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WhistlePig gives back to help Vermont agriculture

SHOREHAM — Gov. Peter Shumlin gave a shout-out to two local businesses during his recent State of the State address, crediting WhistlePig Whiskey and Long Trail-Otter Creek Brewing for making generous contributions to Vermont’s Working Lands Enterprise Fund (WLEF).
Administered by the Working Lands Enterprise Board, the WLEF each year makes grants available to new initiatives that promote the economic, cultural and community development of Vermont’s working landscape. The fund offers direct investments in the state’s forests, farms, food, recreation and wood products industries.
With money tight in state government, fewer public dollars have been available for the WLEF. So Shumlin was pleased to note contributions from the private sector, including from two high-profile beverage companies in Addison County. He confirmed that Long Trail-Otter Creek Brewing had contributed $25,000 for the fund, while WhistlePig Distillery and the Progressive Farm Alliance have promised $50,000. The Progressive Farm Alliance is supported by WhistlePig and its business partners.
Leigh and Charles Merinoff of Townsend have pledged another $100,000.
Those contributions will beef up grants available for the WLEF in fiscal year 2017, which runs from July 1, 2016, to June 30, 2017.
“I am amazed and thrilled to have these two businesses here that think enough of the importance of what (the Working Lands Enterprise Fund) is trying to do that they are contributing so much to it,” said Robin Scheu, executive director of the Addison County Economic Development Corp. and a charter member of the Working Lands Enterprise Board.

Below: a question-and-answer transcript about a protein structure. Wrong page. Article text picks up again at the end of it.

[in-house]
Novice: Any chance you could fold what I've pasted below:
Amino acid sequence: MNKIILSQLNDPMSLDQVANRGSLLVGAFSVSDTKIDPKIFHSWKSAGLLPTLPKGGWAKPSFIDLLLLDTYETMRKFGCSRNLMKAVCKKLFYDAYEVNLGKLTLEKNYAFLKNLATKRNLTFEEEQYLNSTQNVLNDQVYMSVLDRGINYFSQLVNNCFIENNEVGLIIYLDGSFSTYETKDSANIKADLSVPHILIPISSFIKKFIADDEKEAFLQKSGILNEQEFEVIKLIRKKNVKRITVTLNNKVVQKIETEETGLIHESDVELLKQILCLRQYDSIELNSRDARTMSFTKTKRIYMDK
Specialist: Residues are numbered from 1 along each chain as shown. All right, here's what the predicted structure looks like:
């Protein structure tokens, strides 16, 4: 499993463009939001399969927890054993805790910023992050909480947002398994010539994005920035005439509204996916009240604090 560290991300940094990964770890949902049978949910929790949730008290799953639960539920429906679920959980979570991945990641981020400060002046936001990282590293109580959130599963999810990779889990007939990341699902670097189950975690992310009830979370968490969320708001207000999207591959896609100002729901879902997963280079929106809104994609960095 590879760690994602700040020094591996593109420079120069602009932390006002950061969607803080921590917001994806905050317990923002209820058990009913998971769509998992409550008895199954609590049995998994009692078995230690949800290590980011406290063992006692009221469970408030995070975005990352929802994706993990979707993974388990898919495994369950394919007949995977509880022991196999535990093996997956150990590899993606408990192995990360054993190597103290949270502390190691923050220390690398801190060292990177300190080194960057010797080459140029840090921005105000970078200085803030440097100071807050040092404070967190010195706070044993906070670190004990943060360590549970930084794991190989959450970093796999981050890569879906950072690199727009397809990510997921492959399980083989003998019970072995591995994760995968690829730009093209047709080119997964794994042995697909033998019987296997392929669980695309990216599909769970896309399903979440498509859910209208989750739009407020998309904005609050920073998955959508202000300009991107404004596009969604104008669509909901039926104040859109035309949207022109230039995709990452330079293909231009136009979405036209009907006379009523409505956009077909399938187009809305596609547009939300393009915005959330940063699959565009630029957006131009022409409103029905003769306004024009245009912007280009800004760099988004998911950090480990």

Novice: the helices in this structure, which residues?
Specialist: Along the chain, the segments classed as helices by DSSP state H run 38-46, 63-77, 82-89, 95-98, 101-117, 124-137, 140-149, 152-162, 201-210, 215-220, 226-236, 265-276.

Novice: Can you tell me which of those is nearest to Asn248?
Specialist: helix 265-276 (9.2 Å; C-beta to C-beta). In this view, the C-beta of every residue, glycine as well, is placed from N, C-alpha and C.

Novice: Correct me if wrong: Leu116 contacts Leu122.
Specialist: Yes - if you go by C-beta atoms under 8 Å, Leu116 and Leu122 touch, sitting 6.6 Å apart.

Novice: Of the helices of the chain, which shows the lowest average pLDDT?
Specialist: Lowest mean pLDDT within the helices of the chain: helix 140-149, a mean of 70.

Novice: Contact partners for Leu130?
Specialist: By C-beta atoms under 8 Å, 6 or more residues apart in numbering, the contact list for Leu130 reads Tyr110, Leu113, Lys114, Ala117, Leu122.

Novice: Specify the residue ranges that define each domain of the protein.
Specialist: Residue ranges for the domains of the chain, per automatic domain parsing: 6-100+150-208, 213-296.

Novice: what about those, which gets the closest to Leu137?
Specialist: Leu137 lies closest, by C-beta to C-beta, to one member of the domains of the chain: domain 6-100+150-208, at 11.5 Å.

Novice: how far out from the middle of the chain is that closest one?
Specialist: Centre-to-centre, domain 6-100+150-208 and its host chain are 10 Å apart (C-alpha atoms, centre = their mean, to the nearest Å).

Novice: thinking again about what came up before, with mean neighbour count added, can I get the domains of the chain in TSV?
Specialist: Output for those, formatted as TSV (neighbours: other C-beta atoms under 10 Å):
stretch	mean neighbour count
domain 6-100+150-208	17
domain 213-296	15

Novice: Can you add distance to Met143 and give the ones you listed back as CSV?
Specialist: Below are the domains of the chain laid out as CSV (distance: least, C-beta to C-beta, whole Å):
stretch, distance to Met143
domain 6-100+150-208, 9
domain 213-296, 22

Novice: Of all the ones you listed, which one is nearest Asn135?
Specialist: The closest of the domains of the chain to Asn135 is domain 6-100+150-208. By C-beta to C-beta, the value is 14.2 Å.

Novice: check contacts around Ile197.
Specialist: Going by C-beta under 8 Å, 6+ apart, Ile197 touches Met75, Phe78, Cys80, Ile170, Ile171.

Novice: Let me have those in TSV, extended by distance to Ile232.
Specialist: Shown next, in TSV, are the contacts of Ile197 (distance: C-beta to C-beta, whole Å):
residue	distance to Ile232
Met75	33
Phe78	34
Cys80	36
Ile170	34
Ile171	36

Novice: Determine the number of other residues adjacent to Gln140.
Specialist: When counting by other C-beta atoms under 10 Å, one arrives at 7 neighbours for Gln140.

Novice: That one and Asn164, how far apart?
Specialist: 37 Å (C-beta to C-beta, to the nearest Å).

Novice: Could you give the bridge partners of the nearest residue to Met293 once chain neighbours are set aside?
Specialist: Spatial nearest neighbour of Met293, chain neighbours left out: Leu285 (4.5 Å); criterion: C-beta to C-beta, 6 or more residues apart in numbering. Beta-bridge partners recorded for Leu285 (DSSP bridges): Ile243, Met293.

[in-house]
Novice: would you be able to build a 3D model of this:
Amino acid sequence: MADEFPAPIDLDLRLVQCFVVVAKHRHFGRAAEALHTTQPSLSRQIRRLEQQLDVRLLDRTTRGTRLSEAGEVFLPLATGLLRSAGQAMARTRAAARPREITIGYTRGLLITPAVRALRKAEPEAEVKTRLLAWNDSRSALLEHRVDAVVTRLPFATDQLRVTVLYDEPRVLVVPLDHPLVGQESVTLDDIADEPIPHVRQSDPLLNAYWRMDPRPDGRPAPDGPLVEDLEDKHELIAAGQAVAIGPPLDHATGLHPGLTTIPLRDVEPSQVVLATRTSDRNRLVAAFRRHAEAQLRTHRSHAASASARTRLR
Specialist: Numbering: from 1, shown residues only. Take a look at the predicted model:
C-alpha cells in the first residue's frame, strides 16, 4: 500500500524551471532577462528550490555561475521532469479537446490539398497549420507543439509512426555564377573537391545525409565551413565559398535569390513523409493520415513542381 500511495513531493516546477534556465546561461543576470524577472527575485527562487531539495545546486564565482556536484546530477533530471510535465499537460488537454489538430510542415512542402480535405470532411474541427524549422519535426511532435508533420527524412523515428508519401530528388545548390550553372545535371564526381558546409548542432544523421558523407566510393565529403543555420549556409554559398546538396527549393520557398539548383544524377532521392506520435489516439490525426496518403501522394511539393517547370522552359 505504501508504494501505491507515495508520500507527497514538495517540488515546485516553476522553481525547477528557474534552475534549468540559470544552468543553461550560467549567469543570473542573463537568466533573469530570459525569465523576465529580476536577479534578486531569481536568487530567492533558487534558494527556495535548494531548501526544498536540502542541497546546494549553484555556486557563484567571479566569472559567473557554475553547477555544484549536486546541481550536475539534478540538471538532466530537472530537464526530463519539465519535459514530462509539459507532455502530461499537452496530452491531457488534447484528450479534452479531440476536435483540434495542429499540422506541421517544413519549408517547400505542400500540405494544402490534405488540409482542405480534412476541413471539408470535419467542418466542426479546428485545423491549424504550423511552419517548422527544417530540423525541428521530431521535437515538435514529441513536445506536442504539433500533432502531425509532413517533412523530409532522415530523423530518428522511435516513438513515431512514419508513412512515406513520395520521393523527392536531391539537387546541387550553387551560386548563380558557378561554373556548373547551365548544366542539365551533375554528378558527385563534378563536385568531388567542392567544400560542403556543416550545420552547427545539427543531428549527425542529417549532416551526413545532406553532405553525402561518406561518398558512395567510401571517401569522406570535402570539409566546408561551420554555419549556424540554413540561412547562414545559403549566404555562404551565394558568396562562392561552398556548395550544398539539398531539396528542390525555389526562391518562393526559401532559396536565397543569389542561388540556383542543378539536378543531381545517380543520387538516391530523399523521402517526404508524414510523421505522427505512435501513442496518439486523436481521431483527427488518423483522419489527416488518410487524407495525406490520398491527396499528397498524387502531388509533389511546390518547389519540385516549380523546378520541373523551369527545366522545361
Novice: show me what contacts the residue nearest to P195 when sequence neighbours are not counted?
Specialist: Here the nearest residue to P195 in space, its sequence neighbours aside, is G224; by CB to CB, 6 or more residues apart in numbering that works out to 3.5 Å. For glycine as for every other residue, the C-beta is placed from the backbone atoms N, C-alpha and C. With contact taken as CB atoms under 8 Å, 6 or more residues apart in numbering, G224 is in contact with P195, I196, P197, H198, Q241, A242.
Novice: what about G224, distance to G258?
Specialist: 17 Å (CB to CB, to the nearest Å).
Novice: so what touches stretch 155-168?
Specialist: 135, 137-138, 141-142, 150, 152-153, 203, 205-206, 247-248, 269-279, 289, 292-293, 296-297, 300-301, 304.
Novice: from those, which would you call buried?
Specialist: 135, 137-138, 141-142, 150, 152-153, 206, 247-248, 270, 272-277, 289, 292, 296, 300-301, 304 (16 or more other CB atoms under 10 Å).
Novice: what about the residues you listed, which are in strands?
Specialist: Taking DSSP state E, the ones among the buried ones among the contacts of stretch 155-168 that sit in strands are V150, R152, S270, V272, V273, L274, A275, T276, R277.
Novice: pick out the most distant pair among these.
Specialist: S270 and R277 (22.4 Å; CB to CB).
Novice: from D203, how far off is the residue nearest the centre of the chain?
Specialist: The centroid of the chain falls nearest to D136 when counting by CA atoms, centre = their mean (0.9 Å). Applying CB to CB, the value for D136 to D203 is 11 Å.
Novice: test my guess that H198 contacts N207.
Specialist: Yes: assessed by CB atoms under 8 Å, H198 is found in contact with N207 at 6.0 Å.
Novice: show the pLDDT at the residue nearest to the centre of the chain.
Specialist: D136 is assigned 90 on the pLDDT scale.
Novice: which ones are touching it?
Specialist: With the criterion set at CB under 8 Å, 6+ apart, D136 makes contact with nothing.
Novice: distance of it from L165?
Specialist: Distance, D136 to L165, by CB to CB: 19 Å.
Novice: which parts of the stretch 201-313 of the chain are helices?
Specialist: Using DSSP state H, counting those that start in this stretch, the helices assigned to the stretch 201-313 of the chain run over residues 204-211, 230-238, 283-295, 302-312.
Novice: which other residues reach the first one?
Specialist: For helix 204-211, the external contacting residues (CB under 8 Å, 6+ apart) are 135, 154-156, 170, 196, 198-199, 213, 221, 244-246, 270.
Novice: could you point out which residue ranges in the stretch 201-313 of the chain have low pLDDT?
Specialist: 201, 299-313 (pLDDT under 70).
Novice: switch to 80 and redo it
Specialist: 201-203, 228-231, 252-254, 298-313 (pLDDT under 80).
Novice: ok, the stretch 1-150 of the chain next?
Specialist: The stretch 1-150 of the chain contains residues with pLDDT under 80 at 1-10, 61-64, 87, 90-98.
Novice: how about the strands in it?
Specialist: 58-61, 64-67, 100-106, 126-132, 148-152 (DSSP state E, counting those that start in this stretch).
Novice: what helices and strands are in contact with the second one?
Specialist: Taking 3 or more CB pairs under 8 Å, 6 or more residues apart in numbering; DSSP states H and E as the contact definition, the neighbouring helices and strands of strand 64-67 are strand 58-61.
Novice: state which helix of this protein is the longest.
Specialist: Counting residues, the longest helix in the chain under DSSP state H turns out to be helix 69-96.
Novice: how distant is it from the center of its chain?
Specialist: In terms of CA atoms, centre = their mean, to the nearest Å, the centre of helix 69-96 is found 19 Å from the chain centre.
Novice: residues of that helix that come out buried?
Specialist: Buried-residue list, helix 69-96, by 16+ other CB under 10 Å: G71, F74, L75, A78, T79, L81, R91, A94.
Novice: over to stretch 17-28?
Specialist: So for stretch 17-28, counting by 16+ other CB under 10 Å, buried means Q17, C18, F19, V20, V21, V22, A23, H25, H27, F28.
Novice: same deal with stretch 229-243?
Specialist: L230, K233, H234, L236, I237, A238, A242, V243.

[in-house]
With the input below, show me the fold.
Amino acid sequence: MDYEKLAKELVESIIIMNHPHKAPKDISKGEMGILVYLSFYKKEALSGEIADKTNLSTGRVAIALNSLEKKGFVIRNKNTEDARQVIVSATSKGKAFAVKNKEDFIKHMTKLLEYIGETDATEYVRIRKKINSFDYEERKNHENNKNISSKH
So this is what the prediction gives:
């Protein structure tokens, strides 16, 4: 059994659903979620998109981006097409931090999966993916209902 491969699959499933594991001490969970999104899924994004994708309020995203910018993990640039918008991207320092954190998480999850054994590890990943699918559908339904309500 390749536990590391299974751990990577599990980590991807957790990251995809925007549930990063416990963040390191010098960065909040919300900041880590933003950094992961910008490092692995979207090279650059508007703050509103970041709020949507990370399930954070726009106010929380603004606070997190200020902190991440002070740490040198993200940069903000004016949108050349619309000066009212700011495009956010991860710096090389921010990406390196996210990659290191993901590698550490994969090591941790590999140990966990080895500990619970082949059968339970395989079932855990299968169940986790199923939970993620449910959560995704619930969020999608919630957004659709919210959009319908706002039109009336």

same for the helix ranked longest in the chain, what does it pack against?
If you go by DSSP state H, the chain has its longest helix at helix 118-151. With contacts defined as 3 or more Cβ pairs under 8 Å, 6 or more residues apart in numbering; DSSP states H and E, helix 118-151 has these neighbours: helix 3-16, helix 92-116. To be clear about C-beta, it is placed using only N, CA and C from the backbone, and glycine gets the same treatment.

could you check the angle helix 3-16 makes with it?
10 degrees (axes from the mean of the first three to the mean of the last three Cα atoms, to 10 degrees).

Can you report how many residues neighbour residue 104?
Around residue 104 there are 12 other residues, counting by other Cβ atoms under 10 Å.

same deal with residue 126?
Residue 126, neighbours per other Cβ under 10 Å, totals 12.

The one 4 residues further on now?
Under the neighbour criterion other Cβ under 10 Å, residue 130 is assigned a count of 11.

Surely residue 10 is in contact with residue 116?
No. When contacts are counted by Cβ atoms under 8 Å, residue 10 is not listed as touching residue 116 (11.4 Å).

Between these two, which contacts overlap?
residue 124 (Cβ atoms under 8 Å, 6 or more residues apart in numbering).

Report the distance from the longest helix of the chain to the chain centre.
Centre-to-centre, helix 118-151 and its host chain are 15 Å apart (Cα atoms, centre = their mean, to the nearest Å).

She noted WhistlePig’s and Long Trail’s contributions come in spite of the fact that as already established businesses, neither will be able to tap into the fund.
Demand for WLEF grants has always far exceeded the amount of money available, according to Scheu, which makes the private donations all the more valuable.
“The quality of the grant applications has gone up dramatically since we first started (in 2012),” Scheu added.
WhistlePig is based in Shoreham, while Long Trail’s Otter Creek Brewing operation is located in Middlebury.
“Like my friends Leigh and Charlie Merinoff and our colleagues at Long Trail Brewing, who have also made a generous contribution to the fund, we see this as a chance to help Vermont farm-based and agricultural-processing entrepreneurs who occupy the same spot we occupied in our infancy,” said Raj Bhakta, founder and CEO of WhistlePig. “For example, loans from the ACEDC and the Vermont Economic Development Authority helped fuel WhistlePig’s growth. We are hoping to return the favor to the next generation of agriculture-based businesses, and the fund represents a tremendous vehicle for public-private sector cooperation to promote this end. We feel obligated to give back. And if a revitalization of the Vermont agriculture sector benefits WhistlePig incidentally, so much the better.”
Reporter John Flowers is at [email protected].

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